Mike Gwilliam brings you up-to-date reviews, previews and news about video games, the internet, and technology. He's bold, out-spoken and pulls no punches. If you ever had a reason to trust someone's opinion on a video game, Mike Gwilliam will tell it how it is. Whether it's a masterpiece, overrated, or just downright sucks, Mike will let you know. His favourite games range from Star Craft, Final Fantasy VII, Grand Theft Auto, and Skyrim to Zelda, Max Payne, God of War, Uncharted and Batman: Arkham Asylum. In addition to game reviews, he'll also preview upcoming TV series and special gaming events such as E3, which, he'll be going to in 2012.



11 Responses to Rumor: Wii U’s Total Bill of Materials Estimated at $180

  1. Not nice says:

    “Nintendo chose an economical GPU and CPU that could keep up with the performance of today’s current consoles, but keep hardware costs down to maximize profits. Nintendo got a bargain price on the custom GPU and CPU that the Wii U uses. There is a bigger focus on downloadable content, applications, video content, digital distribution, and services to create a stream of revenue. Investors will be ecstatic with the news.”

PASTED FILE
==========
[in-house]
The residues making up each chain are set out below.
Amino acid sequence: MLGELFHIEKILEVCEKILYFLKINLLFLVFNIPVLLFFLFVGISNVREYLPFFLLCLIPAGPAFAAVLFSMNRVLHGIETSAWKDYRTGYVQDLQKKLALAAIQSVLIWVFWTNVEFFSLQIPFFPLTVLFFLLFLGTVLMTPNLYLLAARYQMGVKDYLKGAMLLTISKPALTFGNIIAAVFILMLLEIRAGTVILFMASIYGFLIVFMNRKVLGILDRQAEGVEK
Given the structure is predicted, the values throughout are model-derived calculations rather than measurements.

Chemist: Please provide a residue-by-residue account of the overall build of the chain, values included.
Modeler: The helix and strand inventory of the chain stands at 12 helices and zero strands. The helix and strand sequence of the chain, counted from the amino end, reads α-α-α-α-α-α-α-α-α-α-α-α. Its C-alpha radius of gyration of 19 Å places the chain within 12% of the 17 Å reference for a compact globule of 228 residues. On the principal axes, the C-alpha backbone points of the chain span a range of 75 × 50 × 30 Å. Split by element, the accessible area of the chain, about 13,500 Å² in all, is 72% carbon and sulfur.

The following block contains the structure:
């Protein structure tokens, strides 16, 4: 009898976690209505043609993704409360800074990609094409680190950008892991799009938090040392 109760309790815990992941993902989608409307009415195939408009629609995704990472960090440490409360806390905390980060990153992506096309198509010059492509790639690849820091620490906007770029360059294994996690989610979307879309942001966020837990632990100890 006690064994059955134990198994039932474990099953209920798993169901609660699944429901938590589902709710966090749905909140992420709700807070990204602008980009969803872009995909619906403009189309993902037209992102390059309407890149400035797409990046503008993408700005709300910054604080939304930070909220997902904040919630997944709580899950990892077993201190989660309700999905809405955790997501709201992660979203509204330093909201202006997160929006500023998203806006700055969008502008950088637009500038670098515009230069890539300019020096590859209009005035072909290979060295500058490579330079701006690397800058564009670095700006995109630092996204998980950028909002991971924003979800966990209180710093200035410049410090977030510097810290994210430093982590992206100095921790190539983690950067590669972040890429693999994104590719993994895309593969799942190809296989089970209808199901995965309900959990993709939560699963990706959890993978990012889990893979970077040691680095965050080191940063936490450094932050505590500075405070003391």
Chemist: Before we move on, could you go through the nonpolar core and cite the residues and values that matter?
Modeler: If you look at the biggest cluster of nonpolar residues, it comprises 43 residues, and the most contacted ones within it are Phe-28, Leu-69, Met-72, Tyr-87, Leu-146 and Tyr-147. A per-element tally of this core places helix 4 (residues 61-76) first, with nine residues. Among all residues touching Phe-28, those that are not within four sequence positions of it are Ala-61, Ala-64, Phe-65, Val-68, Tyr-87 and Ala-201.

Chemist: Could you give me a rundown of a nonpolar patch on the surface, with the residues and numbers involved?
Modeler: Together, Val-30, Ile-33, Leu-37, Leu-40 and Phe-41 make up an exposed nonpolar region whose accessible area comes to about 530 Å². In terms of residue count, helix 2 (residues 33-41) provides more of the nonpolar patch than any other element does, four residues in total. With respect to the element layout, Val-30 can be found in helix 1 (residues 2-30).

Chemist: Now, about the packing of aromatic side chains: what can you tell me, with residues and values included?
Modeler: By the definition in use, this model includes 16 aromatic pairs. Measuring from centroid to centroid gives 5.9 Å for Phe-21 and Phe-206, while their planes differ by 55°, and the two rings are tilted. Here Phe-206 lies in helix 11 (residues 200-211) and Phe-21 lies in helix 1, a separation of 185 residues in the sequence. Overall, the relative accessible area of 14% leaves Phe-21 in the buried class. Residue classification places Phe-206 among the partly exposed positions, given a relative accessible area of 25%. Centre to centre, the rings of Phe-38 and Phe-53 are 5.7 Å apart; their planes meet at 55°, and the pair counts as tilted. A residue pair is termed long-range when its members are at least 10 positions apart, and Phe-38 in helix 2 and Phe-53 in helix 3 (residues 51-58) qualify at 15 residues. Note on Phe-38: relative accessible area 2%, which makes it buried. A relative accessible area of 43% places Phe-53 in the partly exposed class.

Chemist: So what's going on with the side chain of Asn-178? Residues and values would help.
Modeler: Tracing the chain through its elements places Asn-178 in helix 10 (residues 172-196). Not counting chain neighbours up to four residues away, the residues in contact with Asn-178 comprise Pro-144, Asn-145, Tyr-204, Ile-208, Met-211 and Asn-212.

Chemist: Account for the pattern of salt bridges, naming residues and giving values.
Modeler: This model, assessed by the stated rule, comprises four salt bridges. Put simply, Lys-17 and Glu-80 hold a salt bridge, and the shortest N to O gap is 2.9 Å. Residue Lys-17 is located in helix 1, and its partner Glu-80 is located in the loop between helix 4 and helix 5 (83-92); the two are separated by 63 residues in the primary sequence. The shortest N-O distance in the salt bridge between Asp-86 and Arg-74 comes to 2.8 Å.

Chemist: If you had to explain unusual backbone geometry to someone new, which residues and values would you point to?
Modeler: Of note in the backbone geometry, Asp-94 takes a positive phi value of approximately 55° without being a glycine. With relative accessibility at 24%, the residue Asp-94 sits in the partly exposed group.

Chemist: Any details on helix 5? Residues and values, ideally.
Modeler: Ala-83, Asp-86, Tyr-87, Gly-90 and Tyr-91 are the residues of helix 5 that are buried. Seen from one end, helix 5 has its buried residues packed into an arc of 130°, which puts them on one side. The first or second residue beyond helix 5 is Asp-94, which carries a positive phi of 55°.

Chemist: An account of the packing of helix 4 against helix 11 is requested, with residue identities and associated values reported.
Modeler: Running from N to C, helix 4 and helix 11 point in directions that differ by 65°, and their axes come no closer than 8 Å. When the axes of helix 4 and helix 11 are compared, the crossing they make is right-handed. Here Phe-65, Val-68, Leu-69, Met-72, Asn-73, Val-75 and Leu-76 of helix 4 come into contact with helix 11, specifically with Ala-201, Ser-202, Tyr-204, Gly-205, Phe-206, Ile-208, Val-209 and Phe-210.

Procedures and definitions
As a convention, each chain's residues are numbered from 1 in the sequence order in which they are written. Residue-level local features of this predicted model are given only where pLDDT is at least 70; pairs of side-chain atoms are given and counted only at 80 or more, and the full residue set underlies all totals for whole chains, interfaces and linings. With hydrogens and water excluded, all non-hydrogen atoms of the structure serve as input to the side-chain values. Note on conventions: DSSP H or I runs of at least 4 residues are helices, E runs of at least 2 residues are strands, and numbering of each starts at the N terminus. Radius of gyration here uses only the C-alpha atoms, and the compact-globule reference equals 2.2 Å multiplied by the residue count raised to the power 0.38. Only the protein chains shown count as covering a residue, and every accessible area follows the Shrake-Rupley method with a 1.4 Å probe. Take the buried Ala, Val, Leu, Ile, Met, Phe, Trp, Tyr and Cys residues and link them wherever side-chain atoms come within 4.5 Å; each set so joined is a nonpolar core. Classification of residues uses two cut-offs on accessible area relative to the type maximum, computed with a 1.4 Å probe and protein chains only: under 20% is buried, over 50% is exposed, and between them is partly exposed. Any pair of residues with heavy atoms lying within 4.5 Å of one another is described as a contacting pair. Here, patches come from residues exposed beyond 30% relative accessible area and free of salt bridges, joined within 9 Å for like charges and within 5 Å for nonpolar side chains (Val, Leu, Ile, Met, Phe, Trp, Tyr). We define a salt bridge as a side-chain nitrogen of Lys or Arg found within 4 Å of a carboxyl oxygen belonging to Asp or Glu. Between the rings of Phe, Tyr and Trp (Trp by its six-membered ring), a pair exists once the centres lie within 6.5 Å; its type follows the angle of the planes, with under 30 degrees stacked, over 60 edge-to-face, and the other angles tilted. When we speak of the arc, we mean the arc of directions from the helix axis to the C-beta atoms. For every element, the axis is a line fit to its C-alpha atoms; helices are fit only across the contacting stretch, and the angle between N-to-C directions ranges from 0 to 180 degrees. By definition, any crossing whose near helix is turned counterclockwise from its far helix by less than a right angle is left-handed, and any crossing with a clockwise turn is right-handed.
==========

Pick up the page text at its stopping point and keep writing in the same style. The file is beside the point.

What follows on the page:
Horrible news…

    • the_voice says:

      We already know what kind of GPU and processor the Wii U will have, so that bit isn’t “news” at all.

      For the record, the Wii U’s capabilities far outstrip what the X360 or PS3 can do.

      • TheRealThanos says:

        How’d you know?
        Most of that stuff is vague and based on rumours anyway, so maybe E3 2012 is the event to wait for to get some definite answers.
        I am however very interested in the chipset, so if you could shed some light on that, it would be mighty appreciated… (or post a link)

    • Benfiske says:

      This still fits that the wii u will have the IBM power7 and ati rumored gpu in it. A bargain deal means they are buying a bunch and probably got them for well under $40 bucks each. So it means its still very capable machine.

  2. ZanetheWise says: